This walk will take us 11,497 steps or 8.2 km so I hope you have comfortable shoes. It's also quite warm (going to 28C but the humidity is high) so we'll need hats and water. We leave at 10 AM and taxi to downtown.
We start out the same way as last week, along the Malecon. I'm repeating new shots along with some new ones of some statues I showed last week. It's earlier so the light is better.
The Good Fortune Unicorn (El Unicornio de la Buena Fortuna) is one of the newer pieces you'll find in town. It's inspired by the ancient legend that unicorns are good luck charms and bring good fortune to those that possess one. The sculpture is about 10 feet tall and 4 feet long sculpted in bronze using the lost-wax casting technique by Aníbal Riebeling and was unveiled on January 14th, 2011.
The waves were very high this morning and quite a few people got wet unintentionally while they were taking photos.
I know I complained about Bubba Gump being here but I'm still a sucker for this display.
For some reason neither of us took a shot of another icon in Puerto Vallarta. The Arcos del Malecón sculpture was originally brought from a colonial hacienda in Guadalajara. The arches that are currently displayed, are replicas because the original ones were destroyed by a hurricane in 2002.
Sand sculptures - nope, real guys. This was incredibly good.
John tipping the sandmen who graciously lifted their glasses to him.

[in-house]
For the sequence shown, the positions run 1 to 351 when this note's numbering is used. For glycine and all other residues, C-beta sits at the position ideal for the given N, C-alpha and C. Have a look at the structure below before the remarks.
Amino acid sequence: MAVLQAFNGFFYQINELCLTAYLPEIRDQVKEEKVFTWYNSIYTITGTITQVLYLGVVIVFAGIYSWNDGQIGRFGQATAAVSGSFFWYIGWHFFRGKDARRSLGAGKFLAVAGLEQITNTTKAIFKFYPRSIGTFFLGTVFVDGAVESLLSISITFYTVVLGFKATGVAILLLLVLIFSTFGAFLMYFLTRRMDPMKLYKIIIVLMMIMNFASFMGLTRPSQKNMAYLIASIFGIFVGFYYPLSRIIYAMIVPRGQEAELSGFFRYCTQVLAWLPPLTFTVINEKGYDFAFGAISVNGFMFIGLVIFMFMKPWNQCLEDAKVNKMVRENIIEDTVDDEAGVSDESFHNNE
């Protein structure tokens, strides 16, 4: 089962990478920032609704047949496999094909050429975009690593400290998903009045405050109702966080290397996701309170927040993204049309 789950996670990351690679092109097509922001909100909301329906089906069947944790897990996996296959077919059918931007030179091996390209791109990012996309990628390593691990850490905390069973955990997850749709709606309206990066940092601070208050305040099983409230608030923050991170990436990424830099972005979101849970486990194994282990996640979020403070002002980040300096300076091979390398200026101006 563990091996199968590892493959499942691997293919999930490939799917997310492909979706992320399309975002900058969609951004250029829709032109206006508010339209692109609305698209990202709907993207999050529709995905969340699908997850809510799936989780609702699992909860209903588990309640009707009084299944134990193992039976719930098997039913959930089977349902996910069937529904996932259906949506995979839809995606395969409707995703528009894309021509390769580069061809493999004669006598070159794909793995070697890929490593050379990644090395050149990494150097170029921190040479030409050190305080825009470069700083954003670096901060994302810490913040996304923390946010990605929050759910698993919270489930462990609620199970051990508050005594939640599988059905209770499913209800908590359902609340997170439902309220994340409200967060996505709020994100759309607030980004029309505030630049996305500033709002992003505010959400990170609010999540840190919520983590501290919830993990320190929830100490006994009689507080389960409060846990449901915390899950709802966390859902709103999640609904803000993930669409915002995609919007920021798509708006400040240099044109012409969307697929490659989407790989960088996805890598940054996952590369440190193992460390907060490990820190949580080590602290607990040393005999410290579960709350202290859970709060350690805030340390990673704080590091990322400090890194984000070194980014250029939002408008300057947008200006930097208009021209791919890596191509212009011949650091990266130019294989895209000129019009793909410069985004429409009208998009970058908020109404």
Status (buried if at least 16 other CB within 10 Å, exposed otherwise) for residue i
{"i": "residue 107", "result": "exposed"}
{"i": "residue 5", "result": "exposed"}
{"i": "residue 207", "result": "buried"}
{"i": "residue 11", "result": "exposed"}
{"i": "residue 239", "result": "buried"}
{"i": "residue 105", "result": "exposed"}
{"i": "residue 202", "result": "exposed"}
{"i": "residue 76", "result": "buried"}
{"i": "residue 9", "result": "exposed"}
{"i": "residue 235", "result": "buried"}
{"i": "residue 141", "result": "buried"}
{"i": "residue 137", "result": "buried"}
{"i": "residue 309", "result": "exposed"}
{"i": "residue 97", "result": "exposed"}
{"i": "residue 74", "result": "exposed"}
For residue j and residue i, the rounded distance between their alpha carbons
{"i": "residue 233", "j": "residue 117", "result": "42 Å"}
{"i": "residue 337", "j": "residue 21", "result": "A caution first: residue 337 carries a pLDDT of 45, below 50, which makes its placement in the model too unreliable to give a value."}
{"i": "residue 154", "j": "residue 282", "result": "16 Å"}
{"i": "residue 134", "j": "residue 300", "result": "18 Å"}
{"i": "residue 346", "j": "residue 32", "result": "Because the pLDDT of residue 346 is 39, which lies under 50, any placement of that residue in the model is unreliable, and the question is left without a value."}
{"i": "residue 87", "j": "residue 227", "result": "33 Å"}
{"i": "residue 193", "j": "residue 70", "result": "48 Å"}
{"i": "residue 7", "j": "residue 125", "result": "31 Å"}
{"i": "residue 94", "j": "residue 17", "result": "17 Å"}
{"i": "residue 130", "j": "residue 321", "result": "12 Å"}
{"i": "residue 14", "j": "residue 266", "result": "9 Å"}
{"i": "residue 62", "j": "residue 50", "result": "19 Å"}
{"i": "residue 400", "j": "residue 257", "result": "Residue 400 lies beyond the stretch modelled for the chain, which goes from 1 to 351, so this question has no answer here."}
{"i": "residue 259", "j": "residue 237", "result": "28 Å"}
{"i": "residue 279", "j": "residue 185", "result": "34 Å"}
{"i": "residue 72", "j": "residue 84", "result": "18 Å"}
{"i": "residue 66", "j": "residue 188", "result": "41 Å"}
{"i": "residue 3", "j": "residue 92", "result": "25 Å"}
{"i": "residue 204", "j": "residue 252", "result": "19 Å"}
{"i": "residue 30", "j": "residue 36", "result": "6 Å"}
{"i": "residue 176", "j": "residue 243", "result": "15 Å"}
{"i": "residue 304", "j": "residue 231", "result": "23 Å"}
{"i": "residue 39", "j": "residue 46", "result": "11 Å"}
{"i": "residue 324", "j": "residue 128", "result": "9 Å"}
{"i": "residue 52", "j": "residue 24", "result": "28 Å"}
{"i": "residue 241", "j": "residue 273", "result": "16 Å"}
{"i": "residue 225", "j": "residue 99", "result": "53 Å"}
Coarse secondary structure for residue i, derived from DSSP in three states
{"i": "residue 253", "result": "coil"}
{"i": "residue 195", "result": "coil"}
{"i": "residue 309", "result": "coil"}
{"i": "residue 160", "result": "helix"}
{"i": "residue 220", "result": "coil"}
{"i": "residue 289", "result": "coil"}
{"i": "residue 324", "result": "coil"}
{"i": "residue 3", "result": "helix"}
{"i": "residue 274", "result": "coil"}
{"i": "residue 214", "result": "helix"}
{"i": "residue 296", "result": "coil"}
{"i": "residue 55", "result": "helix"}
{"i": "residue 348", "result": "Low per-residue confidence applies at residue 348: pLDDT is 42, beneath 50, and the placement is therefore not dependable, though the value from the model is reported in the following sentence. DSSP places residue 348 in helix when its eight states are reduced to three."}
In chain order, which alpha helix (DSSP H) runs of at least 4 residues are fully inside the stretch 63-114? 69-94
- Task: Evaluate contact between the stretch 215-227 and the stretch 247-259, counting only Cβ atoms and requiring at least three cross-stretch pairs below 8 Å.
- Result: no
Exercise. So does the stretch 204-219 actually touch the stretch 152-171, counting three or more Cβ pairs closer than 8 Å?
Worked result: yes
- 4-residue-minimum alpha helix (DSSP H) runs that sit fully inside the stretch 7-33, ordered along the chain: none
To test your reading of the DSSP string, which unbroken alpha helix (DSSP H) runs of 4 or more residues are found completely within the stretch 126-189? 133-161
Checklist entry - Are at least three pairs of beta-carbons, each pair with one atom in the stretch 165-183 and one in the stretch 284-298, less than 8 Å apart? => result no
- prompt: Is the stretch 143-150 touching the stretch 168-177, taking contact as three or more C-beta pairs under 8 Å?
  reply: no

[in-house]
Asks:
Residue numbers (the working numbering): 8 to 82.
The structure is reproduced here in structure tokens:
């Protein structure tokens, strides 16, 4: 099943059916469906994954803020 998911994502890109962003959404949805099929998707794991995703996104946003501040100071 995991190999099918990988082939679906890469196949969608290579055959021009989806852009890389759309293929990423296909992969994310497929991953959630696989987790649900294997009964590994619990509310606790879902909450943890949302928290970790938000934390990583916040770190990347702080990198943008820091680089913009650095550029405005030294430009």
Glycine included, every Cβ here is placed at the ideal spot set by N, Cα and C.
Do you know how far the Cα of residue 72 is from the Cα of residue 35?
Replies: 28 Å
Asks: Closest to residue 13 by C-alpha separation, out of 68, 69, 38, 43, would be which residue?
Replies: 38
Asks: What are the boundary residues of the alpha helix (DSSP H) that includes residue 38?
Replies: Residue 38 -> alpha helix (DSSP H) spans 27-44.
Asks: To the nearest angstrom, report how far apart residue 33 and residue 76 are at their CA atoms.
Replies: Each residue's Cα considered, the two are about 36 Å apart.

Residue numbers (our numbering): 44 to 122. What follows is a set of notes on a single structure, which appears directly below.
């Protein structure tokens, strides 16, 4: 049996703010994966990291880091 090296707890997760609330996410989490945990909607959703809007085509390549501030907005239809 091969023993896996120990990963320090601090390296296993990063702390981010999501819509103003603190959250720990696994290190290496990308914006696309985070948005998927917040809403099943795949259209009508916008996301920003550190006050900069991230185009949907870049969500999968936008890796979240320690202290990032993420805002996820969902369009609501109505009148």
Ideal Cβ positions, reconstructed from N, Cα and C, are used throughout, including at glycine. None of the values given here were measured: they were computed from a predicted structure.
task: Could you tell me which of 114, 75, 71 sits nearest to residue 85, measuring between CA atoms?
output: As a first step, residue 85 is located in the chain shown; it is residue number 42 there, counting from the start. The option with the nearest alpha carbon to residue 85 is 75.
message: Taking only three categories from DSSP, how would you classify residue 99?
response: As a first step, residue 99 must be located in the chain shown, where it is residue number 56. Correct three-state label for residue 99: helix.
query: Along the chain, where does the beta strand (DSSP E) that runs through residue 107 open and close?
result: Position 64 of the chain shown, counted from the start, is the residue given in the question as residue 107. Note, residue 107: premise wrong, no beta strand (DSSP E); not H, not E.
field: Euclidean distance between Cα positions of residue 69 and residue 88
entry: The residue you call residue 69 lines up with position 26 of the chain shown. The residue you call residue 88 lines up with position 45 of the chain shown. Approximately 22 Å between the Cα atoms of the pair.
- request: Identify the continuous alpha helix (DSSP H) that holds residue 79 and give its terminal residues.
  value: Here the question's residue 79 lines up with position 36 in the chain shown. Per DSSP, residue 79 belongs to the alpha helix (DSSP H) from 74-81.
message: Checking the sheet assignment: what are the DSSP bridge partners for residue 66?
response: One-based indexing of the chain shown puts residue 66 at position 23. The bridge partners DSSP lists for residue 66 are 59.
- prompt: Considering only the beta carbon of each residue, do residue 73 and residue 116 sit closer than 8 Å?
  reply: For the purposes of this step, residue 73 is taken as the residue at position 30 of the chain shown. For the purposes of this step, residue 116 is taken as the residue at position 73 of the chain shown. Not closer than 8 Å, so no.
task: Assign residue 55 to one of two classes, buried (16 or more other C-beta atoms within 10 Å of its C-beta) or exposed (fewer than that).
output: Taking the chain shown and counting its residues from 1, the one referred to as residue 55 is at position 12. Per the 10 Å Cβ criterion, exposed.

We've reached our main destination for today.
The River Cuale, one of seven rivers originating from the Sierra Madre Mountains that run into the Bay of Banderas, divides Puerto Vallarta between the downtown to the north and the Romantic Zone to the south, but everything on either side is within walking distance. Two bridges (one on Insurgentes for northbound traffic and the other on Ignacio Vallarta for southbound traffic) cross the river. There are also some swaying rope footbridges for pedestrian traffic.
Underneath the bridge we found these black winged stilts.
A mural underneath.
Old memories this used to be Chilly Willy's the only real spot to have a drink back in the 80s and 90s.
We discovered a Tequila factory Grand Bay and Jose was delighted to give us a tour and lesson on tequila along with some samples.
What is John shooting?
One of the vendors pointed out the iguanas up in the trees.
A rather large nasty looking guy.
Definitely away from the madding crowd.
Looking back before we cross the street to the other side.
There’s a handsome statue of John Houston, whose film, Night of the Iguana, put Vallarta on the tourist map.
There are many murals adorning the buildings on the Isla but I'm saving most of those for Monday Murals.
So glad these old footbridges are still here.
No, I'm not hanging on for dear life, merely observing the view.
We head out to track down the Los Muertos Brewery and find it very easily and within a couple of blocks from the bridge.
I'll cover lunch in my weekly update on Thursday. But no worries, it's hot out so we had a couple of beers.
From here we are just wandering aimlessly. This is still a very touristy area but much more Mexican feeling.
I would consider this side of town for an extended stay if I were to come back here.
Only heard good things about this bakery and we were tempted but didn't pick anything up.
Mural inside the gates of a school.
Murals and some yarn bombing or a graffiti knitting project.
Waiting to catch a wave.
We stop into City Hall because I had read that there was another Manuel Lepe wall inside. There was an exhibit of these magnificent wooden horses.